Sentinel Node Biopsy in Clinical Stage I Testicular Cancer


Investigators report on long-term results of sentinel node (SN) approach in patients with clinical stage I testicular tumors.

Testicular cancer is the most common cancer in males 15 to 35 years of age. More than 7,900 men will receive a diagnosis of testicular cancer each year, and approximately 370 of those men will die from it. When diagnosed and treated early, however, testicular cancer is highly curable. This makes studies on diagnosis and treatment of testicular cancer especially important.

Investigators recently reported in BJU International on the long-term results of the sentinel node (SN) approach in patients with clinical stage I testicular tumors in a Netherlands cancer facility.

The authors analyzed 27 patients thought to have a clinical stage I testicular germ cell tumour (TGCT) who underwent an SN procedure at a tertiary referral center. Clinicians used lymphoscintigraphy with or without single-photon-emission computed tomography with CT (SPECT/CT) to identify SNs. Clinicians gave patients laparoscopic retroperitoneal SN excision with inguinal orchiectomy. Those with a tumor-positive SN were also given adjuvant therapy, and follow-up took place based on the guidelines of the time.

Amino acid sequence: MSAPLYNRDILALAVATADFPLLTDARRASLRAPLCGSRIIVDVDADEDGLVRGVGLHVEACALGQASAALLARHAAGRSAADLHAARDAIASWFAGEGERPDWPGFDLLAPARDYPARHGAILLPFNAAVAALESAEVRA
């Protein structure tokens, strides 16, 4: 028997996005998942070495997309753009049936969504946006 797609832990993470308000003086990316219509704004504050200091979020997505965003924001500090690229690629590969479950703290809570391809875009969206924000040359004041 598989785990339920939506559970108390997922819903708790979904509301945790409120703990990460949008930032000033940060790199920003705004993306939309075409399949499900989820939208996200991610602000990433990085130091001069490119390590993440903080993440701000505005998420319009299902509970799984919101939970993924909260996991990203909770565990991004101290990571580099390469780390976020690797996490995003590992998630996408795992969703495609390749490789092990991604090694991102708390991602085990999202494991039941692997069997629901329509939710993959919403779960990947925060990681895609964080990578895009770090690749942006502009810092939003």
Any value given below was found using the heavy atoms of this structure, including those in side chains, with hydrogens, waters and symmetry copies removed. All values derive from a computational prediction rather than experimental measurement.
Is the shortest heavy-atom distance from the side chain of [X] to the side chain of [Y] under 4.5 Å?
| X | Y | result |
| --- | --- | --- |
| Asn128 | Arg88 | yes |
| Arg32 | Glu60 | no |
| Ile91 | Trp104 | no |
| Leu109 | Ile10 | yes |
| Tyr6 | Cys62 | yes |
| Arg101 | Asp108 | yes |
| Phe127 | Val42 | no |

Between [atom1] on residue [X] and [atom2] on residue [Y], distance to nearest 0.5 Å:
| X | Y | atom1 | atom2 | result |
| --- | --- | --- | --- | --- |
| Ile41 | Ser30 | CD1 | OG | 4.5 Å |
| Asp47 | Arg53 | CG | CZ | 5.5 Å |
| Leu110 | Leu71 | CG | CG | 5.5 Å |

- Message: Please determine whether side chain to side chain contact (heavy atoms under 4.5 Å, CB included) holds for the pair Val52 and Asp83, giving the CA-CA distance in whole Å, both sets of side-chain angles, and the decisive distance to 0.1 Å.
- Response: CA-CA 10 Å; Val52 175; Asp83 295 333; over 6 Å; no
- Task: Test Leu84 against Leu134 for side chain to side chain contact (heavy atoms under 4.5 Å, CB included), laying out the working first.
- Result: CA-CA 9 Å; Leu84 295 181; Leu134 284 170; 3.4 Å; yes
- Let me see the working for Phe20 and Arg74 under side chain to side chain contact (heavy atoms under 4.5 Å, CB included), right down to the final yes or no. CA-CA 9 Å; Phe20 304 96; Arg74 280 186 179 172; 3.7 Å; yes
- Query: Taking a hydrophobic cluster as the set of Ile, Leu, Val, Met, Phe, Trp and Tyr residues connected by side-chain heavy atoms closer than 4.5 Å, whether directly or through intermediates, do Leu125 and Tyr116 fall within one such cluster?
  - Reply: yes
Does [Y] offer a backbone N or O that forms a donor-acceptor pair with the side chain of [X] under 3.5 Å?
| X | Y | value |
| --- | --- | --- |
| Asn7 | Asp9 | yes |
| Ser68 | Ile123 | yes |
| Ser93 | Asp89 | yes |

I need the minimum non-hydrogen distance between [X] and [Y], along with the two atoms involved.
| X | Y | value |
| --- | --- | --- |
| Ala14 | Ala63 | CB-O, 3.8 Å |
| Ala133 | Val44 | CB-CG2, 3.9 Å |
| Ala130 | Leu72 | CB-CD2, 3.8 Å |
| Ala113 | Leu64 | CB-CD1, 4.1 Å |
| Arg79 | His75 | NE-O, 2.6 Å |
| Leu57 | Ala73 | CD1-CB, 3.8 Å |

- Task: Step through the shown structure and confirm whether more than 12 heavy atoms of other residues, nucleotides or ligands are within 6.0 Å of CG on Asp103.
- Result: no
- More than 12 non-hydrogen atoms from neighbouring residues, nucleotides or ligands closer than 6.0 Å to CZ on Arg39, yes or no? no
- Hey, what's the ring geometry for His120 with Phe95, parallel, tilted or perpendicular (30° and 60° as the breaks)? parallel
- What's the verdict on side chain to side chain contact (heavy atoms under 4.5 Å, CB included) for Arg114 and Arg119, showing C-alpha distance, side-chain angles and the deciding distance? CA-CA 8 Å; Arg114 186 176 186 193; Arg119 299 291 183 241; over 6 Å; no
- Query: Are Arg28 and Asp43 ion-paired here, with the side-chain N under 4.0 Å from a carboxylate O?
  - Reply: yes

There were no SNs in two of the patients according to scintigraphy.

In the other 25 patients, a median (range) of 3 (1–4) SNs were removed from each patient. Of those 25, two were not found to have any malignancy in an examination of their testis.

Among the other 23 patients, all of whom were diagnosed with TGCT (16 seminomas,
seven non-seminomas), three (13.0%) were diagnosed with occult metastases. All 23 participants appeared disease free at a median range follow-up time of 63.9 (29.0–
143.4) months.

The authors conclude that a SN procedure provides for early detection of occult metastatic TGCT disease in clinical stage I, allowing the initiation of earlier treatment.

The next logical course of action following this study is to determine whether patients with a negative SN are subject to the risk of relapse. This will require a prospective study of a larger group, which the authors have begun the process for ( identifier: NCT03448822).

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